The main difference between these methods is the consequent type of the fuzzy rule. The systems Mamdani type use fuzzy sets as consistent rule and TSK used linear functions of the input variables with discrete data outputs. In this research the type Mamdani inference system (Figure 3) with outputs continuous values is used.

Figure 3.

Fuzzy system for asses the internal logistics. Source: Authors (2020).

To facilitate the modeling of the problem in fuzzy logic, it was used the Fuzzy Logic Toolbox ™ of MATLAB software. The steps for formulating the model of fuzzy inference of Mamdani type were [97, 98]:

3.4.3 Selection of indicators

Performance measurement of the internal logistics can be based on the selection and definition of indicators used to evaluate the efficiency and effectiveness of its operations. Indicators should have a holistic approach and facilitate the implementation of initiatives for improvement. Indicators selected for the proposed fuzzy model to measure the performance of the Internal Logistics of the company studied are described in Table 5. The components were grouped into larger groups as shown therein. A letter from A to B. defines each group.

Receipt WIP- working in process PPC - planning and production control Picking/packing
Storage Handling and movement PMC- planning and material control
Stocks management Supplying Customer support
I. T. information technology Internal transports Order processing

Table 5.

Component parts of internal logistics.

Source: Authors.

Each component part of the previous group is evaluated using 10 pertinent questions that reflect the behavior of the respective part.

3.4.4 Development of fuzzy rules

The model has 24 rules, which were created from the experience of official logistics industry specialists and numerical data from surveys and they are offered in Table 6.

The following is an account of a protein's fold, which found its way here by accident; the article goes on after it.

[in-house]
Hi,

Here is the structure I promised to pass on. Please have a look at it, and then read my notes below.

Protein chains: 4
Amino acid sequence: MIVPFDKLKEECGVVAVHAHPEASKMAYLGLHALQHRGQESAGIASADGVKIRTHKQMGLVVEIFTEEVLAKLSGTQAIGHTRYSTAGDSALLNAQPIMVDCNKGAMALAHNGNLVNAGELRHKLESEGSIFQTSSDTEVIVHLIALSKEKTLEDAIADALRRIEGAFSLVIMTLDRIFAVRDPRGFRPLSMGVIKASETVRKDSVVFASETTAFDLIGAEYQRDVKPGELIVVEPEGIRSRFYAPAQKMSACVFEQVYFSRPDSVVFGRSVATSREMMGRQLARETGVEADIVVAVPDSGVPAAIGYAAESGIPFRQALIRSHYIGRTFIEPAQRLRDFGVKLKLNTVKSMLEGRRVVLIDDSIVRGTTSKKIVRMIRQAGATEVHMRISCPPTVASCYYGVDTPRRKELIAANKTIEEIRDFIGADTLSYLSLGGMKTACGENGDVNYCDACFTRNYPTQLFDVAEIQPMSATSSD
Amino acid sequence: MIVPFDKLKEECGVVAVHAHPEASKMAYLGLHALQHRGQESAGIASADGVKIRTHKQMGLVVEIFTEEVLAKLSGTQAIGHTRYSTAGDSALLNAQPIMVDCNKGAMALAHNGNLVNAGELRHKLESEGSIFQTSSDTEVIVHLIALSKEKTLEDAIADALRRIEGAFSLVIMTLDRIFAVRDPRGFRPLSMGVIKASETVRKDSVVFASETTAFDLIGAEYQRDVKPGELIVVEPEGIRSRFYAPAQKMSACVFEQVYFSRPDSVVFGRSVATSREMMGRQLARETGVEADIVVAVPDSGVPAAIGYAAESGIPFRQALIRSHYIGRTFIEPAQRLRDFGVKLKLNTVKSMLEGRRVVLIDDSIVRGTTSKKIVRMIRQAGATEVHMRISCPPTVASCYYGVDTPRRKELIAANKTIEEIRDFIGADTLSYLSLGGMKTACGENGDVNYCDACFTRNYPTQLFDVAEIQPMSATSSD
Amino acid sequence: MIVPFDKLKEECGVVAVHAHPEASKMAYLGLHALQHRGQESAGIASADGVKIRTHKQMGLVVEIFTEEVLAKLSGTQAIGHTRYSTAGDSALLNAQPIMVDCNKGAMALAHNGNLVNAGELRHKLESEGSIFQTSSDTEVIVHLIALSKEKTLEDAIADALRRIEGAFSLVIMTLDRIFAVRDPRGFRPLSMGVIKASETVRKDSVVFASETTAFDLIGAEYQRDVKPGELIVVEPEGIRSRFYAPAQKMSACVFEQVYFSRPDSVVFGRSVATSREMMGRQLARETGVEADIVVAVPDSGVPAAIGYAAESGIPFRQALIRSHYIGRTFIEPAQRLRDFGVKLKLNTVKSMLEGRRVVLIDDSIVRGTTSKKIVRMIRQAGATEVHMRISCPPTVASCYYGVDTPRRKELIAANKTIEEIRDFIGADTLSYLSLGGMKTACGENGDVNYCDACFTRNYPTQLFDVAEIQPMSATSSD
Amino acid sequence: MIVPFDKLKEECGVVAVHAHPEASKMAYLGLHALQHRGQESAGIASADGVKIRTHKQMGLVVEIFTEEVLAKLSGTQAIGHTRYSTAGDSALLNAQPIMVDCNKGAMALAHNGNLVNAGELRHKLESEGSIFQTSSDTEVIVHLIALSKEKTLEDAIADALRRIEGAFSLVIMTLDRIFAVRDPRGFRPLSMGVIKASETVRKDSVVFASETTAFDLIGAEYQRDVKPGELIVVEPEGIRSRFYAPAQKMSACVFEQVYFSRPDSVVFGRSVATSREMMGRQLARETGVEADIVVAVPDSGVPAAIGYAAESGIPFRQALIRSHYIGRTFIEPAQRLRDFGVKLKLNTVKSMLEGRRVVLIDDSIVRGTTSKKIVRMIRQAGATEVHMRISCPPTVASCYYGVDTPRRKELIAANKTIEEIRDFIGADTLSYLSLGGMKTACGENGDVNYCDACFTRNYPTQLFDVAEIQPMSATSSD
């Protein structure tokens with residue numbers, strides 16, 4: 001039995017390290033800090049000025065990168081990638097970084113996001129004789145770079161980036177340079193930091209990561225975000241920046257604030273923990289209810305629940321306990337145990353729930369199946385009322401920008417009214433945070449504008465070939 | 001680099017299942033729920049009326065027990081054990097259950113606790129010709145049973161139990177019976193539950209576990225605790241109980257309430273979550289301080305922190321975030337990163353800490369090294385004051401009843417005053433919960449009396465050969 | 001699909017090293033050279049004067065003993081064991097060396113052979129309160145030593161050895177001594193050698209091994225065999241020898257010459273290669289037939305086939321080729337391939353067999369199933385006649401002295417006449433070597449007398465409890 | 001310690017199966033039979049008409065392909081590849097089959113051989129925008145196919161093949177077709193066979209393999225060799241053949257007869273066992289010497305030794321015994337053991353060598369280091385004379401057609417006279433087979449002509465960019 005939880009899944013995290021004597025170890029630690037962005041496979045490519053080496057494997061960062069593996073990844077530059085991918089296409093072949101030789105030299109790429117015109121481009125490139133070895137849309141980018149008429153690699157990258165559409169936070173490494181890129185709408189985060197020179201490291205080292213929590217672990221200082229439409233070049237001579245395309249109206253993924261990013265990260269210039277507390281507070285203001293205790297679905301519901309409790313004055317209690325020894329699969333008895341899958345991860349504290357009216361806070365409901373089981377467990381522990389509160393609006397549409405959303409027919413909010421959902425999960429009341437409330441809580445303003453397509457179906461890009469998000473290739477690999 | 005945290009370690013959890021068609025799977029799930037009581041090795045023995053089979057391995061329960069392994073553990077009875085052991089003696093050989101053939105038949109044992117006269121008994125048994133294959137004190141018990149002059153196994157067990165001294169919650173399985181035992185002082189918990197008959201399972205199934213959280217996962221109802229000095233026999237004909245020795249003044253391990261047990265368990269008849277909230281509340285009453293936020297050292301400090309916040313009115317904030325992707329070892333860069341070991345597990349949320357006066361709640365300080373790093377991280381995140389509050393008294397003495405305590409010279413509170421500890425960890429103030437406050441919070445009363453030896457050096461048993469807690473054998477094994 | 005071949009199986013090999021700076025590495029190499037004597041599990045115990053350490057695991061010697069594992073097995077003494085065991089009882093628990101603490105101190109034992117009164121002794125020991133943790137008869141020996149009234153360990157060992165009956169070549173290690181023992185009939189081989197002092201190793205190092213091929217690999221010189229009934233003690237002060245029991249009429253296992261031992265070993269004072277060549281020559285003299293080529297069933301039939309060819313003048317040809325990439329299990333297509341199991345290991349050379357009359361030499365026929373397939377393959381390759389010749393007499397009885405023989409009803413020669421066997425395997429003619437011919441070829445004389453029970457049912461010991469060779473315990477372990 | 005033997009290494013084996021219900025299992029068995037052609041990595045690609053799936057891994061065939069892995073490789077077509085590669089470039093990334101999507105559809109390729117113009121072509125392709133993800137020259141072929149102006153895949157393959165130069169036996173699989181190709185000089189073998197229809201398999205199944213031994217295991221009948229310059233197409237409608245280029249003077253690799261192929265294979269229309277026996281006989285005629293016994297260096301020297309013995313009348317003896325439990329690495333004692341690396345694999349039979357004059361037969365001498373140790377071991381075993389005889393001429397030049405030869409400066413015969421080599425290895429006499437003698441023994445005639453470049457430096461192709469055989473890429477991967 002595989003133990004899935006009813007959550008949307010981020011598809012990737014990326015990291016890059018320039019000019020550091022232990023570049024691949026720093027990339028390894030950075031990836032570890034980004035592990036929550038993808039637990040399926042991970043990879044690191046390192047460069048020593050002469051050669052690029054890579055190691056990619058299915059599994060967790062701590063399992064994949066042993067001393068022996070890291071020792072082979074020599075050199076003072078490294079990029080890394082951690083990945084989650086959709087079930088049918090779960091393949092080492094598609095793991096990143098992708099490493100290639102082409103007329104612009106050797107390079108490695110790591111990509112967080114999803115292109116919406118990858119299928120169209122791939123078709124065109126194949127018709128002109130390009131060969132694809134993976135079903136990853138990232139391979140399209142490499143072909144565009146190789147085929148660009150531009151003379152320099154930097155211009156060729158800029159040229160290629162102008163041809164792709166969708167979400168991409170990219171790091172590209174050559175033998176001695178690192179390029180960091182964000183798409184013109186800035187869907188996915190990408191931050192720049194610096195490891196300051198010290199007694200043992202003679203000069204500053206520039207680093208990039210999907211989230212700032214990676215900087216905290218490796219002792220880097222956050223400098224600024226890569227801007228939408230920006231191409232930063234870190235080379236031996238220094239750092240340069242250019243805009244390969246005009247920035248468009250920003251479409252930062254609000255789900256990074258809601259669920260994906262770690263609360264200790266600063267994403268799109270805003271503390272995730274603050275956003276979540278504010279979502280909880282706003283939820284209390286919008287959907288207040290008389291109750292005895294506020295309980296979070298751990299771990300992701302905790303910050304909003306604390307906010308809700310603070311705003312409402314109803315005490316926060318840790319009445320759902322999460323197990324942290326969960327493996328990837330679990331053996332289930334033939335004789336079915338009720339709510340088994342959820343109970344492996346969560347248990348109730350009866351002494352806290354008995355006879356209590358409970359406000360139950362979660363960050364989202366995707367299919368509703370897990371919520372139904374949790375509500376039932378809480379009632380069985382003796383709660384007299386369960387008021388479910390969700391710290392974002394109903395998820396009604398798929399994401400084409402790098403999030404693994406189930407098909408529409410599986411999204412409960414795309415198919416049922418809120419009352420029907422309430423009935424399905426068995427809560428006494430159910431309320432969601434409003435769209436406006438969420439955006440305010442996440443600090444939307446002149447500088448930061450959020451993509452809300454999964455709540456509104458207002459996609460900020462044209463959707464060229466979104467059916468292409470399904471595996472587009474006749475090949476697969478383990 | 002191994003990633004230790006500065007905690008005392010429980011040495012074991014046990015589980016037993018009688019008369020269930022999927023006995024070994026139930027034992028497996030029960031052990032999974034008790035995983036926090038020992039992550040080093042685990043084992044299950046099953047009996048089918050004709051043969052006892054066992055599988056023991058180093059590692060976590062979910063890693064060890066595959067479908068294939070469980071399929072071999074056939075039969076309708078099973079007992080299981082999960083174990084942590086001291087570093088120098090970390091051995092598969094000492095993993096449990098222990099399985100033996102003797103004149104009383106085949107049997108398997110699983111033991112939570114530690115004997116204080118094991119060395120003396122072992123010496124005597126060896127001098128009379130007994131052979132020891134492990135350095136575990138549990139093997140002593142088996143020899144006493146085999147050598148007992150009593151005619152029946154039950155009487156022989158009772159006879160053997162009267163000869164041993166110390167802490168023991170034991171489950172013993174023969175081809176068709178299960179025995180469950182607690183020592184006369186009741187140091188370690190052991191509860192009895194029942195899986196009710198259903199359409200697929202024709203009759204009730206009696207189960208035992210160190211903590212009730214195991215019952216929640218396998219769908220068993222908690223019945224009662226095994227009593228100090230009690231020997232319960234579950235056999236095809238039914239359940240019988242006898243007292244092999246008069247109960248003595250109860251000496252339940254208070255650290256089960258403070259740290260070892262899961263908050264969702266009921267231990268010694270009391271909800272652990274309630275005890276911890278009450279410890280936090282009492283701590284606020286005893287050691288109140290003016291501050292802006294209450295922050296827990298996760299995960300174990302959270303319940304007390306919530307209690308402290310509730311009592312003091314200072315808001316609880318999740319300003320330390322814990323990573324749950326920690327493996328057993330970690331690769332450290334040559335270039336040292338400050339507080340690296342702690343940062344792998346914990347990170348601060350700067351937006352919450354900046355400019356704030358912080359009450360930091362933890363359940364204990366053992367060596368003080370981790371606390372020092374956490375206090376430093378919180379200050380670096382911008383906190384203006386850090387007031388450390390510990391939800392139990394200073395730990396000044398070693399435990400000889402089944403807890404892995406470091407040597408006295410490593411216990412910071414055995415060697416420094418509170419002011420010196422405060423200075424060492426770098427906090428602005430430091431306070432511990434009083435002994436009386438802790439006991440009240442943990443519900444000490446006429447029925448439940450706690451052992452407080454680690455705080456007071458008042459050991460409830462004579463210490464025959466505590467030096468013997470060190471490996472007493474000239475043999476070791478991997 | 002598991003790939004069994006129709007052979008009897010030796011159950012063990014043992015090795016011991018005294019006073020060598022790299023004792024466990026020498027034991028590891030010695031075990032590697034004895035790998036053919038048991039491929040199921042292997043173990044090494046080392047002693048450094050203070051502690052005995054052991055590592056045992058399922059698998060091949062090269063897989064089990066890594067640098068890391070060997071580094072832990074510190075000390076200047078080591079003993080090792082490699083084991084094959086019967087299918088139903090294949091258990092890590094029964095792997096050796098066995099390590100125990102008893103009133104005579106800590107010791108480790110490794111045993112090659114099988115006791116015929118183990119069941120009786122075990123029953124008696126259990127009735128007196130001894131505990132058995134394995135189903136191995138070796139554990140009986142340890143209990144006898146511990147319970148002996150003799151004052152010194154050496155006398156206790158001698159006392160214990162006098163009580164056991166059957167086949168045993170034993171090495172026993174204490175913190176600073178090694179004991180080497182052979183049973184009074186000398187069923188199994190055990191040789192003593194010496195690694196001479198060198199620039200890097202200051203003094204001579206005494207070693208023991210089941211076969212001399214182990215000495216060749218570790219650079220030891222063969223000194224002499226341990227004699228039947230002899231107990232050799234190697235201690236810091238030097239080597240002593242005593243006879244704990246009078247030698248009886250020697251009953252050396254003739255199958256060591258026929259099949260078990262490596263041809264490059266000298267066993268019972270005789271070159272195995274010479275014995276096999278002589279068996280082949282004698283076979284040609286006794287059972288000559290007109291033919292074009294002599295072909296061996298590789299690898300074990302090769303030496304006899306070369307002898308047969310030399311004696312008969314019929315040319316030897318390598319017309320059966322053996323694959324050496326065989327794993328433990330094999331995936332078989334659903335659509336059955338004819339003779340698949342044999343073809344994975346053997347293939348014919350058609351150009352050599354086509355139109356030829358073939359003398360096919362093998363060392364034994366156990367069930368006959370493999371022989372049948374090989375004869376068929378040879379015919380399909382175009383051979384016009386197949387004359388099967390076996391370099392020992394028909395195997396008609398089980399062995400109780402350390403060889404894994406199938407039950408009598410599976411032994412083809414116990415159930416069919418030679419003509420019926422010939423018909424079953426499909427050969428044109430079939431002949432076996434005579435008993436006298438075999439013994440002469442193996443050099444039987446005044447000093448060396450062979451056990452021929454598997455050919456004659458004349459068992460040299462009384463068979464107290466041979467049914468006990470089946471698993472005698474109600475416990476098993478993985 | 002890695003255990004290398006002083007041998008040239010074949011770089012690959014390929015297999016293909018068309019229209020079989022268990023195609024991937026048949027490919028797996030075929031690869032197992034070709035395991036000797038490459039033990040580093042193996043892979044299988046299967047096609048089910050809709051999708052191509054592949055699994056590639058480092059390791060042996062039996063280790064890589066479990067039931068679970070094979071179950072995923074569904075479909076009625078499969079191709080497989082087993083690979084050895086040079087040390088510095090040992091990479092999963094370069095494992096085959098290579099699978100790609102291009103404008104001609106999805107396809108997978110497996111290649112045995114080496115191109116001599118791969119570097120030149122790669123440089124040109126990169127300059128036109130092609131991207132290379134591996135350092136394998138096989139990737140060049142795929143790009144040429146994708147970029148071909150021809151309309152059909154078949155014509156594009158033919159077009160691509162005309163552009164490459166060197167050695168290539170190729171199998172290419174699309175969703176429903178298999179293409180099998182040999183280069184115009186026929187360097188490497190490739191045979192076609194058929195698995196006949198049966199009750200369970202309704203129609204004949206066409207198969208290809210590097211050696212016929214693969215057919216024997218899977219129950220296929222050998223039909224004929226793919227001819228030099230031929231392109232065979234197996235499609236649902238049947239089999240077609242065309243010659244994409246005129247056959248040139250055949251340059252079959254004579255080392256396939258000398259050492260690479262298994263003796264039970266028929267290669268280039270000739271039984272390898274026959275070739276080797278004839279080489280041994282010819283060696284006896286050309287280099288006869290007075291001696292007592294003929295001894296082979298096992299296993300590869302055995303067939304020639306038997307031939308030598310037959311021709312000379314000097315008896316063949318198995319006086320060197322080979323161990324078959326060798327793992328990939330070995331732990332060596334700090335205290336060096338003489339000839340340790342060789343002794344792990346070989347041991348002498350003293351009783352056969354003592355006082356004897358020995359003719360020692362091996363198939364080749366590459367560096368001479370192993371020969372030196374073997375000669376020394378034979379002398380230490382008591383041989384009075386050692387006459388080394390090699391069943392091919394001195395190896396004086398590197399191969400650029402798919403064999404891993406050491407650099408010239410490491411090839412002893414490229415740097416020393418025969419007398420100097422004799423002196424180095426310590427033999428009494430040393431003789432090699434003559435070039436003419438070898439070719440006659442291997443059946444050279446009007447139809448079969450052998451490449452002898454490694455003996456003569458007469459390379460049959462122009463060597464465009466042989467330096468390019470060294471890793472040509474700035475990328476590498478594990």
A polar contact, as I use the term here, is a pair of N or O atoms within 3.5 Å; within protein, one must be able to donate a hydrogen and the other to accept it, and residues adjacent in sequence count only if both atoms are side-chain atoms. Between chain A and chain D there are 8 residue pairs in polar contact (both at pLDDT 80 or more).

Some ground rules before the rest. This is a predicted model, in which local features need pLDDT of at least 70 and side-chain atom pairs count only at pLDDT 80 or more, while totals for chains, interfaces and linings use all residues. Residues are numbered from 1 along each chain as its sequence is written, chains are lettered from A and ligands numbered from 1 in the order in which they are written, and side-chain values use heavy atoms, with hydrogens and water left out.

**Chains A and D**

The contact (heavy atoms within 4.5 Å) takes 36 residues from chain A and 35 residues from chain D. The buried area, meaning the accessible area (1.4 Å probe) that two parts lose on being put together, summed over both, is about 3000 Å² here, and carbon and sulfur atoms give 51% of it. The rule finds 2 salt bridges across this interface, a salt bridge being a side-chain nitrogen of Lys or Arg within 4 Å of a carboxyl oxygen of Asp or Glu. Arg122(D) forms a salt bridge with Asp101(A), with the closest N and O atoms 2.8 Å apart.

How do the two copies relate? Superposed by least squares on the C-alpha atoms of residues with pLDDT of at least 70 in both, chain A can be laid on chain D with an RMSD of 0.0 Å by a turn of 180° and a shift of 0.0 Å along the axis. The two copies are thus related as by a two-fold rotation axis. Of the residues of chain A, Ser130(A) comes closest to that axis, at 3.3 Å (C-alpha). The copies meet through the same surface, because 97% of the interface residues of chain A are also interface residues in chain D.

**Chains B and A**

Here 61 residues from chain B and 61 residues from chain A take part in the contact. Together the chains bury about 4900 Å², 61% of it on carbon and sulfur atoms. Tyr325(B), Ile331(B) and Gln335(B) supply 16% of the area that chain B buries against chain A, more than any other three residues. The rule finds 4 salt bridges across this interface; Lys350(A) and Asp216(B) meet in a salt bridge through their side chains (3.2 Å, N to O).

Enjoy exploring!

Component parts/groups A B C D LI
1 M B M B B
2 M G G B M
3 G B M B B
4 G G G B M
5 B G G B B
6 G B G G M
7 B G B M B
8 M G B M M
9 B M M M M
10 M B M M M
11 G M M M M
12 M B G B M
13 G G M G G
14 M B G G M
15 G M B M M
16 B B M B B
17 M M G G G
18 G M B M M
19 B B M G M
20 M G B G M
21 G M B G M
22 B M B G M
23 B G B M B
24 B M G R M

Table 6.

Fuzzy rules.

Source: Authors (2020).

M = medium, G = good, B = bad.

The model has four inputs that are the four groups described in Table 5 and an output that is the Internal Logistics Index. The parameters of pertinence functions associated with each variable were also specified. There were adjusted all inference functions and the defuzzification method used. The rules of an inference engine of a fuzzy system has to be made by experts, or learned by the system, in this case using neural networks to strengthen future decision-making. For making the rules in this problem were used criteria of 20 specialists in the field of Internal logistics.

3.5 Assessment of internal logistics using neural networks

One problem with the method applied in the previous section is that the user of Excel tab has to assign a weight to each component part of the internal logistics based on in his own experience, which naturally influences the overall index of internal logistics of a company. Attempting to avoid subjectivity in determining this rate, it was looked to the technique of artificial neural networks. To analyze the Internal Logistics of an industrial company was used the Internal Logistics Index (ILI), evaluated between 0 and 100%. This index is calculated based on the values assigned to each of the internal logistics properties between 0 and 50 according to the 10 parameters of evaluation of each property in the Likert scale of 1 to 5.

There were selected the same 10 companies of the Industrial Pole of Manaus for their study and analysis, all of them belonging to the productive sector.

It was proposed to the ANN to determine the Internal Logistic Index of 10 companies in the industrial pole of Manaus. The values of the properties of the component parts of the 10 companies are given in Table 7.

Property Company number and value of the performance of each property
E1 E2 E3 E4 E5 E6 E7 E8 E9 E10
Receipt 30 35 36 50 42 47 32 18 50 22
Handling and movement 20 44 23 50 35 45 34 15 39 19
Picking/packing 50 22 32 48 26 34 45 21 40 23
Storage 40 33 41 43 12 50 23 32 35 34
Stocks management 30 11 25 21 18 16 15 18 18 35
Supplying 24 44 18 50 22 24 18 43 25 23
PMC- planning and material control 33 50 15 39 19 35 22 32 35 41
PP - planning and production control 28 33 21 40 23 32 18 19 28 19
WIP- working in process 16 22 32 35 34 18 34 42 47 32
Order processing 41 11 18 18 35 33 45 35 45 34